In particular, the War saw cricketers from both England and Australia fight... and when the war was over, those who fought were hoping that cricket would return to a more peaceable past time, rather than being played in the battle hardened manner in which it was played in the 1930's (e.g. Bodyline, bouncer attacks, England letting Australia field for 3 days as they amassed 900+ (primarily via Hutton)).

But Bradman had other ideas. He wanted to win, and the book explores how
1. He never forgot if he was wronged in the past;
2. The manner in which England thought Australia (I.e. Bradman) pushed the lines of gamesmanship to win (e.g. 1. England did not have express bowlers, so whilst Australia employed Bouncer attacks via Lindwall and Miller, England could not retaliate.... the English coped it, but weren't impressed, considering Australia's repudiation of Bodyline in the 30's 2. Bradman was close with one of the main English selectors (Robins). Very close friends, and the book infers that Bradman had a hand in potential selections for England in the series (Bradman most feared Hutton, England's best bat. He was dropped for the 3rd test after having shied away from bouncers in the second test at Lord's. It is believed that Bradman may have had a hand in his being dropped as the book explains). 3. One of the final games of the tour was a first class festival game at the Scarborough fair. This was the game which Armstrong's Australian team of 1921 had failed to win - their only loss of the tour - where they were ambushed by a test strength team. The selectors for the 'English' team were planning on playing a test strength team, Bradman objected on the ground that the festival game ought to be about relaxation and exhibitionism (because he feared losing) and in the end only 6 English test players were selected - whilst Bradman fielded the Australian test strength team).

Many of the Australians and English were friends - especially those who fought in the war together. Of course Bradman had not fought in the war (though he wanted to) due to his health. The war, and participation in it impacted the way all of the players approached their cricket after the war.

In the end, Australia went through the tour undefeated. And whilst England and many of the English players could not fault Bradman's batting, they did question how he played the game, especially in light of the war.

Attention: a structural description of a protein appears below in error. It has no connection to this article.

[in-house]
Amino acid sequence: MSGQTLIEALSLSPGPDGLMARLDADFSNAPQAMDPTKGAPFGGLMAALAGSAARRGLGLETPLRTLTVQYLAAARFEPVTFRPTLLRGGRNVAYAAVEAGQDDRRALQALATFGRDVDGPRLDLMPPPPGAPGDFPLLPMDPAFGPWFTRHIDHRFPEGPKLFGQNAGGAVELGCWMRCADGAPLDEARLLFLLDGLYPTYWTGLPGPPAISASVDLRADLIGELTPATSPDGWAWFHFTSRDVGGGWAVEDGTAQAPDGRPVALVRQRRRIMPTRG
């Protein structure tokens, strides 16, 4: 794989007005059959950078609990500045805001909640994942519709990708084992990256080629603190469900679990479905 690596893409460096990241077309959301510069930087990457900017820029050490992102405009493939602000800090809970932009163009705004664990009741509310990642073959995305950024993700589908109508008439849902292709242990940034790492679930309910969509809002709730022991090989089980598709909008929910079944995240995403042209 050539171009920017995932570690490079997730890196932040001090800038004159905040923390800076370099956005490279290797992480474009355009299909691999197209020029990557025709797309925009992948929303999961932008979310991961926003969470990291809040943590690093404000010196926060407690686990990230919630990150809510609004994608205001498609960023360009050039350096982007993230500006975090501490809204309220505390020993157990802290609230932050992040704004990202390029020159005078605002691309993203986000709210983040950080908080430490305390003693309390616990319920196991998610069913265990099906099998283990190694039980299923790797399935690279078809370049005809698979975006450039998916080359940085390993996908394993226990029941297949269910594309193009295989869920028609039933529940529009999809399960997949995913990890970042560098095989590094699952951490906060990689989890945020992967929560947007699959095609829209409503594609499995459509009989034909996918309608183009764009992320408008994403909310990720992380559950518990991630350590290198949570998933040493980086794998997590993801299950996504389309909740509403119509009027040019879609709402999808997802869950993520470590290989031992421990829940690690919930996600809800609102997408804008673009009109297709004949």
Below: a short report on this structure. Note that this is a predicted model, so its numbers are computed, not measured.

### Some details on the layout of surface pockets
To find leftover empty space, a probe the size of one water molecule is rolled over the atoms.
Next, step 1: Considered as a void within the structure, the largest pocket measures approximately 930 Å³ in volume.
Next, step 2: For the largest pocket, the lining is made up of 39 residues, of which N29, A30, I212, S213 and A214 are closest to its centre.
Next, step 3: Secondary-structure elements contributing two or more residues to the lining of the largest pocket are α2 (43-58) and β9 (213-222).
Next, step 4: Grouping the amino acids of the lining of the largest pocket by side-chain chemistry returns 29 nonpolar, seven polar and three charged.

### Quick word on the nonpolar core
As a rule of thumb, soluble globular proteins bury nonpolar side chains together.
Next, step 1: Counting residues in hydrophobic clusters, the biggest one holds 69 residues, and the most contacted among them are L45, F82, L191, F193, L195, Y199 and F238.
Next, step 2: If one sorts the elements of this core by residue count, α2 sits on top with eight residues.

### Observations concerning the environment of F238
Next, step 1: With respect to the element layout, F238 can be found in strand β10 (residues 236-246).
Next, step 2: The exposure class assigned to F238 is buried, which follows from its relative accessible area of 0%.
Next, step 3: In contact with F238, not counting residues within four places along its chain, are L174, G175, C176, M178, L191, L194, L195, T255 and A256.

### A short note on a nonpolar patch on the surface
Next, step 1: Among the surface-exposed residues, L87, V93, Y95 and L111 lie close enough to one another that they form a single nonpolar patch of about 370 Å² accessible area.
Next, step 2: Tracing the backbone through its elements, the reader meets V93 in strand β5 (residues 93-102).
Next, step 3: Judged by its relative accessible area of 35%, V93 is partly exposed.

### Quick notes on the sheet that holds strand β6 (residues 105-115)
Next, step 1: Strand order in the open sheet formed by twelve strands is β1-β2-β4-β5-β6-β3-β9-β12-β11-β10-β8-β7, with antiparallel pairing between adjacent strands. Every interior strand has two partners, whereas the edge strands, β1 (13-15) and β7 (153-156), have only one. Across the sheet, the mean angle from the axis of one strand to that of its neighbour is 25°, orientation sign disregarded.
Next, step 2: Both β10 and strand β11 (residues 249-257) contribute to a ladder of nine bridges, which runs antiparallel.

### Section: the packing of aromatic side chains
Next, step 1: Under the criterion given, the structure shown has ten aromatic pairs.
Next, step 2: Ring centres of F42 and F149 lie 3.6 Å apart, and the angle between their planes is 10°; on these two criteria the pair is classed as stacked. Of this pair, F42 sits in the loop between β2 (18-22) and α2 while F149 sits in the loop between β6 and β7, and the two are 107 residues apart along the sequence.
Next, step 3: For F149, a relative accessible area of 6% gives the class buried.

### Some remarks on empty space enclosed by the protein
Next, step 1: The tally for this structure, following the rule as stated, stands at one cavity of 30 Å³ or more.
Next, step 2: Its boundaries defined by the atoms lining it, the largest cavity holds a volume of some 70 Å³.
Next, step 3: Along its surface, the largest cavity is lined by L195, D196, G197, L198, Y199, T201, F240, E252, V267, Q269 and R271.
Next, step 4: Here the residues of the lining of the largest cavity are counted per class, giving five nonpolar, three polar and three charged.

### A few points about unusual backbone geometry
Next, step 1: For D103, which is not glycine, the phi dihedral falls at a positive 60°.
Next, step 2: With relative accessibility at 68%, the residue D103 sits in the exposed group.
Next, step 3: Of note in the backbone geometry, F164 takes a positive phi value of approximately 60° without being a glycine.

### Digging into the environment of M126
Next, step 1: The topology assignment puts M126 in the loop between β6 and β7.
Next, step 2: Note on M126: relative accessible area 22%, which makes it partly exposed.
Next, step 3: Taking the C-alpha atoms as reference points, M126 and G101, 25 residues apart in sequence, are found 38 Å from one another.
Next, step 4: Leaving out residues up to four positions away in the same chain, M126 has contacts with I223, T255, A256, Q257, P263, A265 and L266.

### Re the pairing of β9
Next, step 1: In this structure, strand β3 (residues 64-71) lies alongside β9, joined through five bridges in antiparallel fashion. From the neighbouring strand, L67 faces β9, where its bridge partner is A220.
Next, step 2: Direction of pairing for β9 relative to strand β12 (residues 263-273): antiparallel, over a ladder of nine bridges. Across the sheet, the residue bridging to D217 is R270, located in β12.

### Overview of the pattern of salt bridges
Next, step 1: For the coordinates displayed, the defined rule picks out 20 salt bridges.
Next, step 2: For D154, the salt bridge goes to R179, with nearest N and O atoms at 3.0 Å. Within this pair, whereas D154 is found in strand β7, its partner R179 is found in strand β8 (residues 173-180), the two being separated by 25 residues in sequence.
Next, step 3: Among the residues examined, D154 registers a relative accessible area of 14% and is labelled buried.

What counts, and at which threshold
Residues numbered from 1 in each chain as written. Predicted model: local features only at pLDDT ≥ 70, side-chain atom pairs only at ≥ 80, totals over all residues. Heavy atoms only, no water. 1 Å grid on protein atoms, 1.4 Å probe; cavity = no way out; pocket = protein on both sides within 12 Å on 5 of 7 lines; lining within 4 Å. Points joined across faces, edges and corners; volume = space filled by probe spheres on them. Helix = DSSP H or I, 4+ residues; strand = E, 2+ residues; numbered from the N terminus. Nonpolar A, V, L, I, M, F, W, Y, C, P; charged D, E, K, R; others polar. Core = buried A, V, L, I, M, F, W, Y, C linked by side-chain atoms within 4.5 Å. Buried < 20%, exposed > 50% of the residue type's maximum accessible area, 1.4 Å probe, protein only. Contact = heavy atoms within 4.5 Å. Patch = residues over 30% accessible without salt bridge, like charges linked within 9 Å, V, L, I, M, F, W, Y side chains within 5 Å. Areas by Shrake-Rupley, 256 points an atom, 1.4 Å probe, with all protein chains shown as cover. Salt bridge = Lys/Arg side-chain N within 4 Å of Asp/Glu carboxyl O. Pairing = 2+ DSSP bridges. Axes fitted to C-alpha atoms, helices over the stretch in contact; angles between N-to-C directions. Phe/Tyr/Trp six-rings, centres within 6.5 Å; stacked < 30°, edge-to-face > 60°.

I highly recommend this read.

I'm going on to another of Knox's books now " Never a Gentlemen's Game", which looks at the "wild west" of crickets earliest days in the late 1800s and into the golden age.
 

sherb

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I was an avid cricket book collector when I was younger. Not so much now.

Got complete collections of Playfair Cricket Monthly, Cricketer (the Australian one), Australian Cricket and others.

Got HB Wisdens back to 1950 (bar one or two which I need to get), complete set of things like Cricketer Annual, Australian Cricket Yearbook, Playfair Cricket Annual, etc.

Plus plenty of bios, autobios, anthologies, tour books, etc.

I've been a member of the ACSH since 1975, so I have all their journals, F-C match books, state/country cricketers books, etc.

It would all be worth thousands.

My books/mags are all over the place at the moment due to the state of my house but I am looking forward to having them back in some sort of order soon-ish.
 

Gough

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I was an avid cricket book collector when I was younger. Not so much now.

Got complete collections of Playfair Cricket Monthly, Cricketer (the Australian one), Australian Cricket and others.

Got HB Wisdens back to 1950 (bar one or two which I need to get), complete set of things like Cricketer Annual, Australian Cricket Yearbook, Playfair Cricket Annual, etc.

Plus plenty of bios, autobios, anthologies, tour books, etc.

I've been a member of the ACSH since 1975, so I have all their journals, F-C match books, state/country cricketers books, etc.

It would all be worth thousands.

My books/mags are all over the place at the moment due to the state of my house but I am looking forward to having them back in some sort of order soon-ish.